Galaz disagreed with the study that labeled West Valley City as “least artsy,” but he said west side artists do have struggles making a living from their work.
“While growing up, there were places like Mestizo Coffeehouse where we would gather, or other places in school or open mics that influence the work we do,” Galaz said. The art created on the west side, he said, is about “exploration of identity of a Chicano or Mexican-American artist.” (The Panaderia Mexico mural in Kearns is a prime example.)
The creators of the study Galaz said, need to expand their definition of an arts venue. In West Valley City, it may include a family gathering where a mariachi band plays.
“The whole structure behind it, that builds up a culture that doesn’t necessarily perform in those big venues,” Galaz said.
Michael Christensen has been working for the Utah Cultural Celebration Center for 20 years, and every week he has been involved in coordinating the city’s public arts program.
The offerings can include the theater program at the West Valley Performing Arts Center, partnerships with the Utah Shakespeare Festival and Westminister College’s Greek Theater program, and most recently a Dia de los Muertos festival that drew nearly 3,000 attendees.
UCCC offers great services — such as an online artist registry — but people generally aren’t aware of it, Christensen said. The West Valley Arts Council works within the city’s Parks and Recreation program, Christensen said, so it may not be as recognizable as arts councils and programs in other cities. Contrast West Valley City’s less publicized work with the Salt Lake City Arts Council’s annual event, the Living Traditions Festival, something that gets a lot of attention for its diverse roster of artisans and performance groups.
“True, we may not have as many public venues as some of our surrounding cities, but we definitely have a lengthy, vibrant and robust series of programs that we do in our city,” Christensen said.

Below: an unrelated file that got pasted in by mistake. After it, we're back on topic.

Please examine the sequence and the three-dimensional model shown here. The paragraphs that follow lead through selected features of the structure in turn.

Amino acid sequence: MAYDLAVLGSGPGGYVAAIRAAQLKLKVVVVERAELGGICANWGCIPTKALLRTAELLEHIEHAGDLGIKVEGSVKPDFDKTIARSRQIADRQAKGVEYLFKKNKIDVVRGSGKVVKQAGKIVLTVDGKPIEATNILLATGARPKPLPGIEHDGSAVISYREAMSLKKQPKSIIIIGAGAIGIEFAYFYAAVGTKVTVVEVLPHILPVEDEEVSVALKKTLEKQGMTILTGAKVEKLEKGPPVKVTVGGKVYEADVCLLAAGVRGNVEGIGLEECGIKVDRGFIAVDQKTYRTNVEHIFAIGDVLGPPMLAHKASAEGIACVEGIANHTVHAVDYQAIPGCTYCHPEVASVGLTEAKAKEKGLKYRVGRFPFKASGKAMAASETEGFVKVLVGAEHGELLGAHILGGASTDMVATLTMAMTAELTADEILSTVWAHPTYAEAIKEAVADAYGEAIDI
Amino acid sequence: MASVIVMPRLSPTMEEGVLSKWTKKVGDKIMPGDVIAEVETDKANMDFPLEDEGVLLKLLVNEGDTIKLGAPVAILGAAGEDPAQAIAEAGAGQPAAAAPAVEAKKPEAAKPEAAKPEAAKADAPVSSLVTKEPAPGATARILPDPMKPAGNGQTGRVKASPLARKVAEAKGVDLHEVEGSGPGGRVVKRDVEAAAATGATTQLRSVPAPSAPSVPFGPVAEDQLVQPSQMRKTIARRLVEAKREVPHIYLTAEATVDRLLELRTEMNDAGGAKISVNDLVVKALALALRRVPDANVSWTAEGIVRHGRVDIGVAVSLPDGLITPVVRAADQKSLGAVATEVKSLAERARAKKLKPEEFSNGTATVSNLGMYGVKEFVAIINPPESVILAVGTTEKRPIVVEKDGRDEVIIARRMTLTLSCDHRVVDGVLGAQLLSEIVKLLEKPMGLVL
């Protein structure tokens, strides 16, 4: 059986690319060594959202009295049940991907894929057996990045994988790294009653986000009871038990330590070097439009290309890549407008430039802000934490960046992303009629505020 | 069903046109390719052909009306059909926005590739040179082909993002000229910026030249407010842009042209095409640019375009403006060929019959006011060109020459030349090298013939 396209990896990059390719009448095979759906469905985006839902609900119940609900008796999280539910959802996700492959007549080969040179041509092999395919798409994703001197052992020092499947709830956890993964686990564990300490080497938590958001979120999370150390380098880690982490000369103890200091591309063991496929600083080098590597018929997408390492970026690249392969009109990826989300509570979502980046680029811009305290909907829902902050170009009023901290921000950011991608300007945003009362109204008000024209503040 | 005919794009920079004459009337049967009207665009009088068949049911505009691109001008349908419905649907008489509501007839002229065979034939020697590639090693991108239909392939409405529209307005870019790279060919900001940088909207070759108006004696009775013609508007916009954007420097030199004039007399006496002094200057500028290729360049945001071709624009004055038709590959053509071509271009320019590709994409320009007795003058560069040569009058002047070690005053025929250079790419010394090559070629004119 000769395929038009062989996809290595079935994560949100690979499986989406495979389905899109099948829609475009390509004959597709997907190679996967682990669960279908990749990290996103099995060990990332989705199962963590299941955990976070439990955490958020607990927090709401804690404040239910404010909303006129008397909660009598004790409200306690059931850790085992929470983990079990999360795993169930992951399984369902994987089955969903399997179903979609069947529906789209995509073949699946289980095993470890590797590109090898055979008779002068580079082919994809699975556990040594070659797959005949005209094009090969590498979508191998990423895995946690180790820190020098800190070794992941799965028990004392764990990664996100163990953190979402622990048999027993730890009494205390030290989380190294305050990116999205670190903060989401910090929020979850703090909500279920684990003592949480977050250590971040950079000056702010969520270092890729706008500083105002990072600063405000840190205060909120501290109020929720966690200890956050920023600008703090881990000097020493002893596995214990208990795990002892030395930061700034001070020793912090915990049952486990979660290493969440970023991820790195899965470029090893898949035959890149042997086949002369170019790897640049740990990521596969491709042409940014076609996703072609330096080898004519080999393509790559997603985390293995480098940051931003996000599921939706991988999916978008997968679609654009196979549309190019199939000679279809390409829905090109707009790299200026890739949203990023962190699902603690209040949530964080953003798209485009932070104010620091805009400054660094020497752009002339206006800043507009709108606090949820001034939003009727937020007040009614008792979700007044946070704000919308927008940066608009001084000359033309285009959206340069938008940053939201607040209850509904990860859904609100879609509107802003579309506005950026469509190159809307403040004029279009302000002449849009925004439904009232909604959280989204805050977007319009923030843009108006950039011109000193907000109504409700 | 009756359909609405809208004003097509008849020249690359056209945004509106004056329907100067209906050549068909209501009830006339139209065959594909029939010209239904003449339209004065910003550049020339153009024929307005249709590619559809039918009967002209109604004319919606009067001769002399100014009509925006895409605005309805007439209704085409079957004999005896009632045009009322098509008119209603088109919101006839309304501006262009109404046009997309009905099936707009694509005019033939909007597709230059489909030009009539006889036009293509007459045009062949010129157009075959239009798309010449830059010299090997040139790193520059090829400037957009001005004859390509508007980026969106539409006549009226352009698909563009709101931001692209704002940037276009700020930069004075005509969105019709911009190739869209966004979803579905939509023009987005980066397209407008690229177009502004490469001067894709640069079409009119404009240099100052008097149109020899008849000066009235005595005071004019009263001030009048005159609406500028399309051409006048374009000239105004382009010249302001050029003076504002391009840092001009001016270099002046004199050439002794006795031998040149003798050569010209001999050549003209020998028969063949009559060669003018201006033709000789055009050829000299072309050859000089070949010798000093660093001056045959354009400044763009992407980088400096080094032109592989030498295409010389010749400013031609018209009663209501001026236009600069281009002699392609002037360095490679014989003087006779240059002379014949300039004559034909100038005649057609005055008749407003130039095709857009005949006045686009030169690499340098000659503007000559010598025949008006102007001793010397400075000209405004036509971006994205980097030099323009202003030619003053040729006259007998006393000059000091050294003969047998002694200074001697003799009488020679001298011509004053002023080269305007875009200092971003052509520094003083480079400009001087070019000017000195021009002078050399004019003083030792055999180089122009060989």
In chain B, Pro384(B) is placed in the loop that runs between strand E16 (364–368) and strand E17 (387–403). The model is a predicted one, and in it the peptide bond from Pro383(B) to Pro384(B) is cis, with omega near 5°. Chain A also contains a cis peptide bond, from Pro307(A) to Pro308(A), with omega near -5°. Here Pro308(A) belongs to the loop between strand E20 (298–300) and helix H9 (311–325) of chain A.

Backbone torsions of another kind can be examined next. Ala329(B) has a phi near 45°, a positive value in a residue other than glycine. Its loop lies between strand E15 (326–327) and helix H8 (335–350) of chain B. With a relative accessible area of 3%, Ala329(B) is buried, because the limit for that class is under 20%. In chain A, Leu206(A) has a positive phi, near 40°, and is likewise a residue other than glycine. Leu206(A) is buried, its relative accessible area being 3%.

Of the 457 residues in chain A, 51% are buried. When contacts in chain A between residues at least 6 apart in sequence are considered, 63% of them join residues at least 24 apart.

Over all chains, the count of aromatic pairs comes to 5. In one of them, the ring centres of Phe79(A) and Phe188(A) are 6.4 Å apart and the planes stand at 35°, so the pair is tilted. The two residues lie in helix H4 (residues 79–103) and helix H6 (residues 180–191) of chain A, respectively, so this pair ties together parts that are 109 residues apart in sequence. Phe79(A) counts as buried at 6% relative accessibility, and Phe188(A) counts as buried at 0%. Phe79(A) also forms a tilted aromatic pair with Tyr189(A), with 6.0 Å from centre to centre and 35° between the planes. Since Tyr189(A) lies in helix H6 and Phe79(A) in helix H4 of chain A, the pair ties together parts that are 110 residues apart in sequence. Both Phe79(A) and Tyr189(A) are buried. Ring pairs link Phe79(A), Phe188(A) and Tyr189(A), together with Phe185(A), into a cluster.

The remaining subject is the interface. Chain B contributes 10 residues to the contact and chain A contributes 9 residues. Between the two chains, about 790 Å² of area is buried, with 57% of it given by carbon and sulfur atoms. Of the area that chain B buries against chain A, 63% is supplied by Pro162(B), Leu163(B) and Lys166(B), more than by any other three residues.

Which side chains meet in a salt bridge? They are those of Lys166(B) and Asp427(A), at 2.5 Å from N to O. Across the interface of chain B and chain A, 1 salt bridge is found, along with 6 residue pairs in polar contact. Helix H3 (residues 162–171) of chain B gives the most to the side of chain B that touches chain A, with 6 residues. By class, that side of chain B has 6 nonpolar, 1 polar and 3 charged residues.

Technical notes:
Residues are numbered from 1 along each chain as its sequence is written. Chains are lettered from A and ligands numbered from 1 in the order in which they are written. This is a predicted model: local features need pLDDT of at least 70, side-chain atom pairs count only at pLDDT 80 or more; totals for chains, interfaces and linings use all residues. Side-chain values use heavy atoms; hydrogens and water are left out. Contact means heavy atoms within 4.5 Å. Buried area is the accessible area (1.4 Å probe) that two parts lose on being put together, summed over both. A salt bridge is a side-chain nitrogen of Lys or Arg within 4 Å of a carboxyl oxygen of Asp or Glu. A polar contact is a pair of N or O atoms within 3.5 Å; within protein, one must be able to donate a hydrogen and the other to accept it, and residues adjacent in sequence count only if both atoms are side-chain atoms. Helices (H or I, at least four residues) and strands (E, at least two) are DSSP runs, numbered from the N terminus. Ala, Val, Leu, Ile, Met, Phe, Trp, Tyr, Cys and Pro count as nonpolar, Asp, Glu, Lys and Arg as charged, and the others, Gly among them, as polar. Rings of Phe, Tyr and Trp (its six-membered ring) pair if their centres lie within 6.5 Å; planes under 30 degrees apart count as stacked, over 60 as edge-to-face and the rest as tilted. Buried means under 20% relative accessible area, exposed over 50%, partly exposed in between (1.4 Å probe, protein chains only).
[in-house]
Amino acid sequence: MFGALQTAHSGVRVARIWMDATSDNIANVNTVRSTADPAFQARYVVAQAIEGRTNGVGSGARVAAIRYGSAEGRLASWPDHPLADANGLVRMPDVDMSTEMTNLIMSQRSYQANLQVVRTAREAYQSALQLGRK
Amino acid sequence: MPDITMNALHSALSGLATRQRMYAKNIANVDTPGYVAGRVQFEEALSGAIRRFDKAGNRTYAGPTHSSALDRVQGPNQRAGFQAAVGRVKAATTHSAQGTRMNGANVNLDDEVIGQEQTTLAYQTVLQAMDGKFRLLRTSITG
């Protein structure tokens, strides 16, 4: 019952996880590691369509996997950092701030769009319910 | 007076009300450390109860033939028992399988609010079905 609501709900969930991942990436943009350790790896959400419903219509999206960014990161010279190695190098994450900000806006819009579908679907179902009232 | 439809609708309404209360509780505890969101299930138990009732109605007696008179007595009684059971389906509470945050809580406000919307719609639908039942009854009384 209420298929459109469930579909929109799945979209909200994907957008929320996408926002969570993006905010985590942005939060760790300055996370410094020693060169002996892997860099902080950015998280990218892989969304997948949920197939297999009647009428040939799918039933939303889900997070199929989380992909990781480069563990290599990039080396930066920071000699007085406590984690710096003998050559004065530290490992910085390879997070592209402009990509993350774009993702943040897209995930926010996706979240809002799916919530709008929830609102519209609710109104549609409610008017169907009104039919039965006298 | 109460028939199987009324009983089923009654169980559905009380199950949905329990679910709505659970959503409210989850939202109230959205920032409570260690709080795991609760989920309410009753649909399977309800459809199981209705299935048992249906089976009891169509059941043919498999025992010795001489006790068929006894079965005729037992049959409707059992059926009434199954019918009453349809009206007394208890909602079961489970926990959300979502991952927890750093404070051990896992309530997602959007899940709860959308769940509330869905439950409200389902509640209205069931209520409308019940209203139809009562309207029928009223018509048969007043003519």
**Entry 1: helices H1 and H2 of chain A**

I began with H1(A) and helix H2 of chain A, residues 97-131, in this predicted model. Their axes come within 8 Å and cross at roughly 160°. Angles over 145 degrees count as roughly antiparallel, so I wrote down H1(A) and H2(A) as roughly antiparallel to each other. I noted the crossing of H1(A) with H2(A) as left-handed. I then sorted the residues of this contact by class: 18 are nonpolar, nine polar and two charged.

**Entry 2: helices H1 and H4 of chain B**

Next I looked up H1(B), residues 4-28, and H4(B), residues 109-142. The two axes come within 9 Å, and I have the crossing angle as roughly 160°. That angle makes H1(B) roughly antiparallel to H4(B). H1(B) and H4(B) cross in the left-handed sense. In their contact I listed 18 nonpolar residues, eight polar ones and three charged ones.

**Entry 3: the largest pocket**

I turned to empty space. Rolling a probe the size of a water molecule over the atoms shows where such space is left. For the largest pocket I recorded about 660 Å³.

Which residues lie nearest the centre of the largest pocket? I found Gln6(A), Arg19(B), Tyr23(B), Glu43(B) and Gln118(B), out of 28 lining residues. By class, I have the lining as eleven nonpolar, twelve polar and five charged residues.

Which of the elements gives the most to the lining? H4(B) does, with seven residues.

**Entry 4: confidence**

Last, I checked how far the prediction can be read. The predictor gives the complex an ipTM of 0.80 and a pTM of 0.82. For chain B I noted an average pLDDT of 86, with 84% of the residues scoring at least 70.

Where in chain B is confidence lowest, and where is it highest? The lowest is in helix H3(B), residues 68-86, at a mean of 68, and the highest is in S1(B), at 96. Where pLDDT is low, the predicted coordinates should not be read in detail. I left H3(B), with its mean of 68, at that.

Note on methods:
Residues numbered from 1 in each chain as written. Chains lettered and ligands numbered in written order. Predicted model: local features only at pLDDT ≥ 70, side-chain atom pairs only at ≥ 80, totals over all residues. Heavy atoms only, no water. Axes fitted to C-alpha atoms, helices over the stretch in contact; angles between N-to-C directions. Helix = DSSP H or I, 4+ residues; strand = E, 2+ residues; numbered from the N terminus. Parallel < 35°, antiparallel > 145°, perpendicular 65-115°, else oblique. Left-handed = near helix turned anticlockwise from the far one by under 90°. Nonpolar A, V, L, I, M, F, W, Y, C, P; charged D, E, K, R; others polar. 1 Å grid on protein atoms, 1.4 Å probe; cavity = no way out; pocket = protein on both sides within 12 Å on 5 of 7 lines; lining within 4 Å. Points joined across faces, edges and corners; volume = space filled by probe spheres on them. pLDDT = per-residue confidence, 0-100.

Bill Louis has painted murals all over the Salt Lake Valley — Sugar House, along the Jordan River Parkway, South Salt Lake — but his work “Where We Belong” is special.
That mural is on the south wall of Valley Fair Mall — a place he always went when he was growing up — and he’s seen the mall change over time, which made it “cool” that he could be the first artist to create a public mural there.
“Where We Belong,” he said, depicts “a brown girl holding a salt crystal that represents the growing diversity and culture of West Valley City.”
For Louis, West Valley City is the most diverse place in Utah — because it has people who trace their roots to Africa, Central and South America, and the Pacific Islands.
According to 2018 U.S. Census data, West Valley City was the first large Utah city to be “minority majority,” where white people make up less than half the population.
Louis said he can understand why West Valley City isn’t considered “artsy,” but he said there is art on display in various places around town. A few local businesses, he said, have art on their walls, commissioned by building owners and locals.
There’s room for growth for public art opportunities in West Valley City, Louis said, noting that he can only think of two full-time artists to come out of there.
“The majority of projects are outside of West Valley,” he said, “because there are other cities or galleries that are paying more.”